Civil War still relevant in our lives today

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From 1861 to 1865, more than 2 percent of the American population was killed in the Civil War. Although that was 150 years ago, Tuesday’s forum speaker told students why the Civil War has relevance and captures our interest, even today.

James M. McPherson, professor emeritus of American history at Princeton University, titled his remarks, “Why the Civil War Still Matters Today.”

“A bookstore owner in Falls Church, Va., said, also in the 1980s, for the last two years Civil War books have been flying out of here,” McPherson said. “It’s not just the buffs who buy, it’s the general public, from high school kids to retired people.”

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Princeton University professor and Civil War historian James M. McPherson addresses BYU students at Tuesday's forum about why the Civil War still matters.
McPherson received the 1989 Pulitzer Prize in history for his book, “Battle Cry of Freedom: The Civil War Era.” He also received the Pritzker Prize for Lifetime Achievement in Military Writing in 2007.

McPherson discussed the history and significance of the Civil War today and in the Civil War era. He also recounted several statistical examples to explain why people are still fascinated with the Civil War.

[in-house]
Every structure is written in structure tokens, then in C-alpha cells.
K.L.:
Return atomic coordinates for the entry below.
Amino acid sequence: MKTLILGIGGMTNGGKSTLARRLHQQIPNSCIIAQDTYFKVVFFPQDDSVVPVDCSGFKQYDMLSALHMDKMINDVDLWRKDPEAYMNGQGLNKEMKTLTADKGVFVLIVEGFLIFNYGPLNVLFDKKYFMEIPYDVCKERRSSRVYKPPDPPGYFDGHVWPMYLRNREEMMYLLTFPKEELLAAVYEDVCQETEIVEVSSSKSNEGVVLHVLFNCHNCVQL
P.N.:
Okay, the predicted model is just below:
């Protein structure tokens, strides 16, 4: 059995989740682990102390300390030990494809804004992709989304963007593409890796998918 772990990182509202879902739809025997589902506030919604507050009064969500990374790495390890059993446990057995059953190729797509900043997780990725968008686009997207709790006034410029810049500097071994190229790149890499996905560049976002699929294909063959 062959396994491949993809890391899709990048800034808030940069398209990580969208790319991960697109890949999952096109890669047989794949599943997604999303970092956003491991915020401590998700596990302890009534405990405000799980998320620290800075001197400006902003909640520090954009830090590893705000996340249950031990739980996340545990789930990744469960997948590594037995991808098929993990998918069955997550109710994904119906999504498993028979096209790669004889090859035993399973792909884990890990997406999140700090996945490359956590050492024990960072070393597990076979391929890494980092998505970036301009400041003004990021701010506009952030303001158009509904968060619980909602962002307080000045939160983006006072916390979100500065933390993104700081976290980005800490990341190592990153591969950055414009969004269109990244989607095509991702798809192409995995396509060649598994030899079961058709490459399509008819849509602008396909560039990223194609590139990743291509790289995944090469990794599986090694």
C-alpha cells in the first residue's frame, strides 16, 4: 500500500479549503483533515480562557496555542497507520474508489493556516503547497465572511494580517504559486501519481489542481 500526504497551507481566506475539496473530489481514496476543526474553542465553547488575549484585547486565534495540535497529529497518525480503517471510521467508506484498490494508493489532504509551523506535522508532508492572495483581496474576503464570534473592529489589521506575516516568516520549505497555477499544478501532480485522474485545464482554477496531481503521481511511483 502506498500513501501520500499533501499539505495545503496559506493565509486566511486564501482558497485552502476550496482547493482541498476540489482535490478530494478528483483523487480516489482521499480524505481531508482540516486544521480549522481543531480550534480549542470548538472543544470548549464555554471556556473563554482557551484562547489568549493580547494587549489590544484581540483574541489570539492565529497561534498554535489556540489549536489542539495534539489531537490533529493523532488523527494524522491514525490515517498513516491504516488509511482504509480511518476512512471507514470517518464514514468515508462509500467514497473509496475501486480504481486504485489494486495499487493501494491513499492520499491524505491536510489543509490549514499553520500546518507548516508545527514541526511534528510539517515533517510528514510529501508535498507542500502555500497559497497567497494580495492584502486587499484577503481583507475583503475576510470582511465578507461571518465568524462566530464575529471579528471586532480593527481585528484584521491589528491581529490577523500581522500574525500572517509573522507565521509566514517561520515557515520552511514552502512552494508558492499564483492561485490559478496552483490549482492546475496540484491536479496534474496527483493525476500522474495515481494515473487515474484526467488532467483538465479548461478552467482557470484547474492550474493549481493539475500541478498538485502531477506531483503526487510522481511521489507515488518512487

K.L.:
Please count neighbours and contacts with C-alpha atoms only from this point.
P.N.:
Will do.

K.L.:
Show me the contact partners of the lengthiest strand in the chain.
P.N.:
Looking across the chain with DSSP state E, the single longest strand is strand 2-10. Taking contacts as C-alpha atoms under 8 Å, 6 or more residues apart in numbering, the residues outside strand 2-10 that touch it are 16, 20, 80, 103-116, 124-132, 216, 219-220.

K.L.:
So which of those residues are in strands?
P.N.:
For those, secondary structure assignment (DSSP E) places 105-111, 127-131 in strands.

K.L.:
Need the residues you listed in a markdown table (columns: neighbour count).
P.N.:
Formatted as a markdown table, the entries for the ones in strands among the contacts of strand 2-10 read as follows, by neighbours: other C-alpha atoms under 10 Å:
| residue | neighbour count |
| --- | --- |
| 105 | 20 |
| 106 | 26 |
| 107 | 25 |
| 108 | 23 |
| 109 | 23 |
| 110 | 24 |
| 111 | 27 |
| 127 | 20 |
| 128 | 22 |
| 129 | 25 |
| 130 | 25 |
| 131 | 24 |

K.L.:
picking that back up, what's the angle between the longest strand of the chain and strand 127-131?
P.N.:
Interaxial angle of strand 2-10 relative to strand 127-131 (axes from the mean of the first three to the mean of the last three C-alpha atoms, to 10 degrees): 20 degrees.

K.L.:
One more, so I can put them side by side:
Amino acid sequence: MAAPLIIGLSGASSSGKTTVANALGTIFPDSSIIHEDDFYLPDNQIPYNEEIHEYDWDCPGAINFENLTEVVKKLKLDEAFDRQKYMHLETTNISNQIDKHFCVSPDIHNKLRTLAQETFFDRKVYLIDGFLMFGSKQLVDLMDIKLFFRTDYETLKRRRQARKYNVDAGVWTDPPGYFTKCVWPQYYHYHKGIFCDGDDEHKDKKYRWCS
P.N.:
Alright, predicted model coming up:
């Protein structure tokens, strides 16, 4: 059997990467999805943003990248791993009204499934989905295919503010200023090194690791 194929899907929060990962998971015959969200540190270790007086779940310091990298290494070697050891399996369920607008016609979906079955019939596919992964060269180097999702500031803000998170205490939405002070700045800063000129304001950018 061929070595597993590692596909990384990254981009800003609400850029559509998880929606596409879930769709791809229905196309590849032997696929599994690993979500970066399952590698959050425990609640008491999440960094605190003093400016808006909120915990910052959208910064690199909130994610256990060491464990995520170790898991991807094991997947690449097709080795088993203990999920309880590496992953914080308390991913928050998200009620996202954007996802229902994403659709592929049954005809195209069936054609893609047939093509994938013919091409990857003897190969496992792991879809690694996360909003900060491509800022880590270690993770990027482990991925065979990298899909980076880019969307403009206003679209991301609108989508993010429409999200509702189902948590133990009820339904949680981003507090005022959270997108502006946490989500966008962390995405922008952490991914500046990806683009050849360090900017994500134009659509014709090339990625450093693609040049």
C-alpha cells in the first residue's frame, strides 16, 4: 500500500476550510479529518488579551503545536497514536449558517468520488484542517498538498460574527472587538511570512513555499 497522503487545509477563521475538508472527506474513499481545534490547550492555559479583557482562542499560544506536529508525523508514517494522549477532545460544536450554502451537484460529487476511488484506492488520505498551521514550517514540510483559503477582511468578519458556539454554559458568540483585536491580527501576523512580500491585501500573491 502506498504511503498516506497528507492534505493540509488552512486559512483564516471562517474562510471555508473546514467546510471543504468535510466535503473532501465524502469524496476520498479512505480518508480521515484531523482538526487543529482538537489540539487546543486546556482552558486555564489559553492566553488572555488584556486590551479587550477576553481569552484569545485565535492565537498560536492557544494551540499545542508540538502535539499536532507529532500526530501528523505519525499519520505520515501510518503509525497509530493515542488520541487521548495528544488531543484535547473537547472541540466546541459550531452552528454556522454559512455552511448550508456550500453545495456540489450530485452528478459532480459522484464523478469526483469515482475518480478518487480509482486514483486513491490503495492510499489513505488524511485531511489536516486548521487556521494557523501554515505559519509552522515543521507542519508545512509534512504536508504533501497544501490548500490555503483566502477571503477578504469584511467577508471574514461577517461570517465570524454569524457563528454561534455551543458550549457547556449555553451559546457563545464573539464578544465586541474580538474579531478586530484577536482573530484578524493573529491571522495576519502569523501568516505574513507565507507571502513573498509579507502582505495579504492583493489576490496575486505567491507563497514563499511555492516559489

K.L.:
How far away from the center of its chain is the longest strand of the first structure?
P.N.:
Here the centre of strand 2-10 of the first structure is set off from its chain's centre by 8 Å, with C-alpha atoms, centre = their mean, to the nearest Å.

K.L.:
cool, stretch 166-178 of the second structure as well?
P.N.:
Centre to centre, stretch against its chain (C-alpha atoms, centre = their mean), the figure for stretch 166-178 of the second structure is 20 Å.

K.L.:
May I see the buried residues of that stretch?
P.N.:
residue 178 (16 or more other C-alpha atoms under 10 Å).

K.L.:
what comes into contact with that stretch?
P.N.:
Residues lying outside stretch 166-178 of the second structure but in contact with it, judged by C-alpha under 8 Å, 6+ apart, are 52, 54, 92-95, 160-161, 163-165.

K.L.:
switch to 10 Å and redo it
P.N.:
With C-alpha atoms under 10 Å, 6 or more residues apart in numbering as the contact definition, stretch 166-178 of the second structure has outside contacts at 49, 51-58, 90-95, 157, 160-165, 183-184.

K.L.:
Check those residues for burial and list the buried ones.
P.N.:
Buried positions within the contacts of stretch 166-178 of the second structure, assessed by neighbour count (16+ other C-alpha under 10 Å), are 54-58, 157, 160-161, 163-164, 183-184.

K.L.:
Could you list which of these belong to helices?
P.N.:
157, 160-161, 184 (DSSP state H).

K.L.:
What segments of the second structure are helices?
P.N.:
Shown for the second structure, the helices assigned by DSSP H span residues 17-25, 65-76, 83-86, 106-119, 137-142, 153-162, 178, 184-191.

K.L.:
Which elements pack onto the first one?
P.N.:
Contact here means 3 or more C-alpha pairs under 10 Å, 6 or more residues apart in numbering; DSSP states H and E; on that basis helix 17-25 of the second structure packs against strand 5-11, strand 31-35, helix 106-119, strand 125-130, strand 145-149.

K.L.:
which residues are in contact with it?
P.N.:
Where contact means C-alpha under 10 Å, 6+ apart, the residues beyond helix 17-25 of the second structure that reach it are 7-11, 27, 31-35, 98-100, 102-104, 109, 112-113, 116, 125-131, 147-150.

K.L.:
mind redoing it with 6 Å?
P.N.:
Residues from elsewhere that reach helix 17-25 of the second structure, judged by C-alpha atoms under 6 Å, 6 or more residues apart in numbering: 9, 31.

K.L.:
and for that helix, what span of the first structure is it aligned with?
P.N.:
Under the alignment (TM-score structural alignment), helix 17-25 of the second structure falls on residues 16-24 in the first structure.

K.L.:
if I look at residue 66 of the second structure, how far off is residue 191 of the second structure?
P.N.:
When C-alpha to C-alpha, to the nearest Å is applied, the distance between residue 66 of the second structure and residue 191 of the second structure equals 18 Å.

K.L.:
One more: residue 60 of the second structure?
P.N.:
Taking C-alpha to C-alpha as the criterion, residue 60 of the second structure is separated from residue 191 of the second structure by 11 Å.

More than 620,000 soldiers and unnumbered civilians were killed during the war, McPherson said. To relate that to today’s population, if 2 percent of the population were to die that would equal about 6 million individuals.

Individuals are continually interested in the Civil War, especially with the 150th anniversary of the Civil War approaching.

“Then there are the larger-than-life near mythical individuals on both sides whose lives and careers continue to fascinate us today — Abraham Lincoln, Robert E. Lee, Clara Barton and on and on,” McPherson said. “There’s a kind of romance as well as tragedy about those people and their times that is hard to resist.”

McPherson also discussed the importance of the civil rights movement and amendments to the Constitution.

“The Civil War accomplished a historic shift in American values in the direction of positive liberty,” McPherson said. “The change from all those ‘shall nots’ in the first 10 amendments to the Constitution to the phrase ‘Congress shall have the power’ is indicative of that shift.”

McPherson has authored 16 books and edited others as well. He focuses his writing mostly on the era of the American Civil War and Reconstruction period.

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